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October 31, 2016
By 2017, healthcare organizations will be spending a whopping $5.4 billion per year on healthcare. Though they lead the way in terms of research and development on the medical front, healthcare organizations are typically slow to embrace new technologies for administration and support services.
Download our cloud report to learn how cloud service providers can make life easier for many healthcare organizations. For example, cloud service providers make it possible for healthcare facilities to improve their services to patients while also cutting costs and remaining within the stringent guidelines established by HIPAA and other industry and government regulations. Here’s what to look for as healthcare embraces cloud service providers in 2017.
Healthcare Targeted by Hackers
Instead of making the news for new medical breakthroughs and banner advancements in healthcare, hospitals and other medical organizations spent the majority of 2016 in the news for all the wrong reasons. Not only was it a record-breaking year in terms of the numbers of data breaches that targeted healthcare organizations, it was also a record year for the amount of damages these organizations had to pay out to victims whose information was stolen. One organization was forced to pay a whopping $5.55 million settlement, which was their penalty for a breach involving some 4 million patient records.
Hackers target medical records because this type of data contains more and richer information on the victims. Because it’s the kind of data that doesn’t change over time this type of information is extremely valuable to hackers who wish to sell the data on the black market. If a credit card number is stolen, the company can just cancel the account and issue a new number. People can’t change the information in their medical records, such as social security numbers and the full names of their parents.
Cloud service providers can assume the responsibility for securing patient records, shifting this burden off of healthcare providers. Then medical professionals can focus on caring for patients instead of warding off hackers.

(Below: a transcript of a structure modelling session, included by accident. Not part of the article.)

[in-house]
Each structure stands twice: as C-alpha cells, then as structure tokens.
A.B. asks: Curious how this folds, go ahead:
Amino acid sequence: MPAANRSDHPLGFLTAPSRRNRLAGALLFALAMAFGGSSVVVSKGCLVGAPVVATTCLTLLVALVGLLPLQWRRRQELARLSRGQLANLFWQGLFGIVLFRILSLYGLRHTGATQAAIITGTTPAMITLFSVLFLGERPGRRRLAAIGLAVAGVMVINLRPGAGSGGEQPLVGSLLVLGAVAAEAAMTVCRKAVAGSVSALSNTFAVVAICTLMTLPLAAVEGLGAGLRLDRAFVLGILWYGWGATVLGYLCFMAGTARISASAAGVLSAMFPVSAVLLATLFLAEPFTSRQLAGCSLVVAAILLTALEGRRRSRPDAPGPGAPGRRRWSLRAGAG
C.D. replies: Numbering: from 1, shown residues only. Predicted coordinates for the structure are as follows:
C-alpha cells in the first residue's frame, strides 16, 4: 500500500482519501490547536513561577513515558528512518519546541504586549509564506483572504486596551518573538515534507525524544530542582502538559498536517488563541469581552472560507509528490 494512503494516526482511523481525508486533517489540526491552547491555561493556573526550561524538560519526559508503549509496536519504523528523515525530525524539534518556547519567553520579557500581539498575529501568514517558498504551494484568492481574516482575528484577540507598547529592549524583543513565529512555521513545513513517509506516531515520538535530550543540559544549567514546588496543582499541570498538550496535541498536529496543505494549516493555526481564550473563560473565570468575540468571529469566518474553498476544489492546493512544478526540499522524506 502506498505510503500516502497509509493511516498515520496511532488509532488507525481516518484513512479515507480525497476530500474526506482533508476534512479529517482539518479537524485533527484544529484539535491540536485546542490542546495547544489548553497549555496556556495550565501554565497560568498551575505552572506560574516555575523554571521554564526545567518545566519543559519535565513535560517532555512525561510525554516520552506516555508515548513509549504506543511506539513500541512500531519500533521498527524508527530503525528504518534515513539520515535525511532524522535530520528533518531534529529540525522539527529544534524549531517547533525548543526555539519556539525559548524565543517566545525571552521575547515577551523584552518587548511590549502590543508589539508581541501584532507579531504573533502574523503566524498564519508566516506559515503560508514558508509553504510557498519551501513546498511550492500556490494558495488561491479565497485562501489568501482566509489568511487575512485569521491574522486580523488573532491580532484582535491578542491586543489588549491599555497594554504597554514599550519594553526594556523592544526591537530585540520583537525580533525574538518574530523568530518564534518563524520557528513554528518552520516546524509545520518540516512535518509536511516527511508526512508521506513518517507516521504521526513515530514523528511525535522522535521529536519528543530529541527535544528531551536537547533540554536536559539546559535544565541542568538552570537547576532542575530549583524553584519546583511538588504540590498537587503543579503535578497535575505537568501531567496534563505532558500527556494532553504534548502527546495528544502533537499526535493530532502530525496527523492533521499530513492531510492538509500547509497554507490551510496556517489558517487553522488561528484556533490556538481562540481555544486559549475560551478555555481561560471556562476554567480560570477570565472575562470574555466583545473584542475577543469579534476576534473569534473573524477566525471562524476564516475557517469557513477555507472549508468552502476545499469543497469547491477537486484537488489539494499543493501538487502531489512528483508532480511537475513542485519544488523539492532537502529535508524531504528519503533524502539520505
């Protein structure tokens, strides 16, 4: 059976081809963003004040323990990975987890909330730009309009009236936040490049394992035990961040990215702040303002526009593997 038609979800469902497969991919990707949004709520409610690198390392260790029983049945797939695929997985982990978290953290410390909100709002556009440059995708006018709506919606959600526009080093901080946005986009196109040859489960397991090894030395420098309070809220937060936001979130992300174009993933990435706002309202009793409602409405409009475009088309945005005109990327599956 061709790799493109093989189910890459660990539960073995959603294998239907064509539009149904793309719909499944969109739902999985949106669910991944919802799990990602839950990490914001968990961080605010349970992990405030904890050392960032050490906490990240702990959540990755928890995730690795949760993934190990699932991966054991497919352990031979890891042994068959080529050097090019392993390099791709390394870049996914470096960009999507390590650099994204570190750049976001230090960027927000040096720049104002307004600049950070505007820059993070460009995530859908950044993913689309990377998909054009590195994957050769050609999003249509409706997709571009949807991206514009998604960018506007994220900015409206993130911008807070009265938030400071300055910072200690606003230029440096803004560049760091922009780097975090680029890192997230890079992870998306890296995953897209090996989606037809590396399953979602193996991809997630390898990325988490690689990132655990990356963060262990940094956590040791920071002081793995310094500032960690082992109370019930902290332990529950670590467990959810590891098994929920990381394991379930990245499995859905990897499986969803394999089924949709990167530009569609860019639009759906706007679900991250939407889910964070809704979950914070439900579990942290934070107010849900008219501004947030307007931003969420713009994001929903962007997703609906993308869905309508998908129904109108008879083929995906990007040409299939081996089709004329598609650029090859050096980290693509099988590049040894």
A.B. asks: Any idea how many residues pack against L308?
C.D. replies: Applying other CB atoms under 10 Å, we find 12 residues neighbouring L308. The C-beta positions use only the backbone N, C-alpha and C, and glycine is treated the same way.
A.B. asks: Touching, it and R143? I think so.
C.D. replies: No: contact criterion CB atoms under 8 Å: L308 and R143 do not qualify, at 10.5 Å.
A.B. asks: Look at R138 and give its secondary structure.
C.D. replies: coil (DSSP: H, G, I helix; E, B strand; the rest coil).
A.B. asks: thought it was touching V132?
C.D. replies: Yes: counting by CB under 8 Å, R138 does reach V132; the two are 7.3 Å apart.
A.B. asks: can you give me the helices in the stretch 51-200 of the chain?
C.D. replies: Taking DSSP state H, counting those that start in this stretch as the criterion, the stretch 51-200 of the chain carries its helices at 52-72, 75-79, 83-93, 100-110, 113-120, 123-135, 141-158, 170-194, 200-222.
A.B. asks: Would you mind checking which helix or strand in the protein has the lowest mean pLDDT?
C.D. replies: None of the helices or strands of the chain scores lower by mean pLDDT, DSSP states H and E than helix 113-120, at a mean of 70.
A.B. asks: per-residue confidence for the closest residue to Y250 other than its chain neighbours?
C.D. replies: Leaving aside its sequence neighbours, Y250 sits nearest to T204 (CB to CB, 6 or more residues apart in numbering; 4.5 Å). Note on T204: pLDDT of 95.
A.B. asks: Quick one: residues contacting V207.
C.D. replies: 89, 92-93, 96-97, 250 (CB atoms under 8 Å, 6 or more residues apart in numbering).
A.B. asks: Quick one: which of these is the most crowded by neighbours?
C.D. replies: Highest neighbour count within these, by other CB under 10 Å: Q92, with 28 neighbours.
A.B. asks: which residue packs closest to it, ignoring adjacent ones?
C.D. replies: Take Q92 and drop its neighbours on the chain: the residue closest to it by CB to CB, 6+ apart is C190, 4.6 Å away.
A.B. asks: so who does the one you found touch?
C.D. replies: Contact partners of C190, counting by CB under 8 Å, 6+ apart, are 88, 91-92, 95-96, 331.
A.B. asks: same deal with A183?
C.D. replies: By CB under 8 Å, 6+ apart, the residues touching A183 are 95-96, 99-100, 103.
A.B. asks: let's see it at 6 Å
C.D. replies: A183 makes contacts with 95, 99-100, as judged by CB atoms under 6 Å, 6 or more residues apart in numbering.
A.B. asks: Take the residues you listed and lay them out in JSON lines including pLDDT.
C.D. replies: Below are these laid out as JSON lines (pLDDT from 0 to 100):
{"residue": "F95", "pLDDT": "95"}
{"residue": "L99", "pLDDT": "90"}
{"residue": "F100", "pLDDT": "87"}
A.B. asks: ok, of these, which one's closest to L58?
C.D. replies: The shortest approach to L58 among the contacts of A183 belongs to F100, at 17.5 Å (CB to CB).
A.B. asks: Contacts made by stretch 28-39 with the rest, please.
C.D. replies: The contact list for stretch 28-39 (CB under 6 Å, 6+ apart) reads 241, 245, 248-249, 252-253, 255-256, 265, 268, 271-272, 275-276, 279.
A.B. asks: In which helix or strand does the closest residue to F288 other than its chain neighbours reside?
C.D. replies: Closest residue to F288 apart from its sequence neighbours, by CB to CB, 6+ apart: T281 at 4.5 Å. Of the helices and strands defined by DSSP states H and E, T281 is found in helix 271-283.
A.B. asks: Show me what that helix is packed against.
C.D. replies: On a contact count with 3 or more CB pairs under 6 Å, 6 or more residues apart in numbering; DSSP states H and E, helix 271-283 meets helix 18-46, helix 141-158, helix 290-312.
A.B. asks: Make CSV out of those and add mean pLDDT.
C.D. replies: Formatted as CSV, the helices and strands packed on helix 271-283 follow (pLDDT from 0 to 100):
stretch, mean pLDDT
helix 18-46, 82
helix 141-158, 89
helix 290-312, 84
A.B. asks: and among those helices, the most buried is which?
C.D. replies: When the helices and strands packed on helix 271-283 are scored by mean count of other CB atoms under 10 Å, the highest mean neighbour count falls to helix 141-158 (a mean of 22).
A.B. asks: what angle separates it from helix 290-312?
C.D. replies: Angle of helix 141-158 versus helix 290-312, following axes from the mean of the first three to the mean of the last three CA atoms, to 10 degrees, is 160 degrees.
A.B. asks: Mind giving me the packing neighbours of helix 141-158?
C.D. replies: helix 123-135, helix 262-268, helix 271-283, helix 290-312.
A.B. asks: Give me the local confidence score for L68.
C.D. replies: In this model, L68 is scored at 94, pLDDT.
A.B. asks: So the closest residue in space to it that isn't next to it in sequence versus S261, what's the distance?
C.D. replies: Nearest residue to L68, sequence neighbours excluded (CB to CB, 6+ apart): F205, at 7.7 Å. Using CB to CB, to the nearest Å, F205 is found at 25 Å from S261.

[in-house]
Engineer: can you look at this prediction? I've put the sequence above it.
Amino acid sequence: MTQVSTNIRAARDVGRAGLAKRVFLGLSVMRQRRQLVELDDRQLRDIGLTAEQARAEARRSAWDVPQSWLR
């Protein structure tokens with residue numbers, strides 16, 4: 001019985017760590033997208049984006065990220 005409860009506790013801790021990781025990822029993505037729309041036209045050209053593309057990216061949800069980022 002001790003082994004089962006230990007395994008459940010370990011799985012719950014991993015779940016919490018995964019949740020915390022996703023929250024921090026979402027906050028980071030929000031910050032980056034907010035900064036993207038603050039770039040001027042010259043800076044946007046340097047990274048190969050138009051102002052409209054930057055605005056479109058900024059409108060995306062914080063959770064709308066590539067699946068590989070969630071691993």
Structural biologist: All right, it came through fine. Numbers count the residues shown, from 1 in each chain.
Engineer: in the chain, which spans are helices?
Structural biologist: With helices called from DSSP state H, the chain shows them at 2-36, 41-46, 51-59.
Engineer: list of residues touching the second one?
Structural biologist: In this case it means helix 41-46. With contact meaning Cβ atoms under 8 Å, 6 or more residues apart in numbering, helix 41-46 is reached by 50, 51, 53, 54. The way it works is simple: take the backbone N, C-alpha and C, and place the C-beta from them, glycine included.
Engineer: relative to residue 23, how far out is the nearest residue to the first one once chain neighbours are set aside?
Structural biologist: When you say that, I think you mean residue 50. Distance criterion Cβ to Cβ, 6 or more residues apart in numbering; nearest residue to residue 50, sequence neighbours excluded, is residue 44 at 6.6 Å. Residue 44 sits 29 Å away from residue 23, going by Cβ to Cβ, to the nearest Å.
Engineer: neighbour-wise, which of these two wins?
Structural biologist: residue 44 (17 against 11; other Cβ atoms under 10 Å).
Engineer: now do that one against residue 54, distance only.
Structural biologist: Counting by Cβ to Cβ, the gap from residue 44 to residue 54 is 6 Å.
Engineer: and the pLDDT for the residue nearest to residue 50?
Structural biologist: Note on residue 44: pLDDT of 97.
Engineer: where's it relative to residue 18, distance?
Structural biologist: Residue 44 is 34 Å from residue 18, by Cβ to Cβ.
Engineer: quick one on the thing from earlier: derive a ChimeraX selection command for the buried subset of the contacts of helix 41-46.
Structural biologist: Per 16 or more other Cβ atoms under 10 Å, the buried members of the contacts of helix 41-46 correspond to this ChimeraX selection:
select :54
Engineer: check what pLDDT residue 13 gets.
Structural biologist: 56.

Healthcare Under Increased Government Scrutiny
Along with fines and settlements, healthcare organizations are subject to stricter regulations than ever before. For example, the Obama administration made changes to HIPAA regulations, which are expected to result in even more fines and stricter guidelines.
Instead of having a full-time IT team working on making the changes required by these laws, cloud service providers can handle keeping data secure, encrypting data in transit, and assuring that backups and other necessary precautions are taken on a regular basis. This is much cheaper and more efficient than taking these tasks on in-house.
Healthcare Facing More Economic Woes
It is unclear what changes will be made to the Affordable Care Act, Medicare, and health insurance when the new presidential administration takes over early next year, but it is clear that healthcare organizations are challenged to keep the ink in the black. A cloud service provider can eliminate the huge costs associated with purchasing, maintaining, updating, and repairing IT equipment. Cloud services can also take over handling software, so that hospitals and other healthcare facilities aren’t facing costly audits for software licensing compliance. Cloud services help healthcare organizations cut costs without making any sacrifices in terms of the care they provide their patients.
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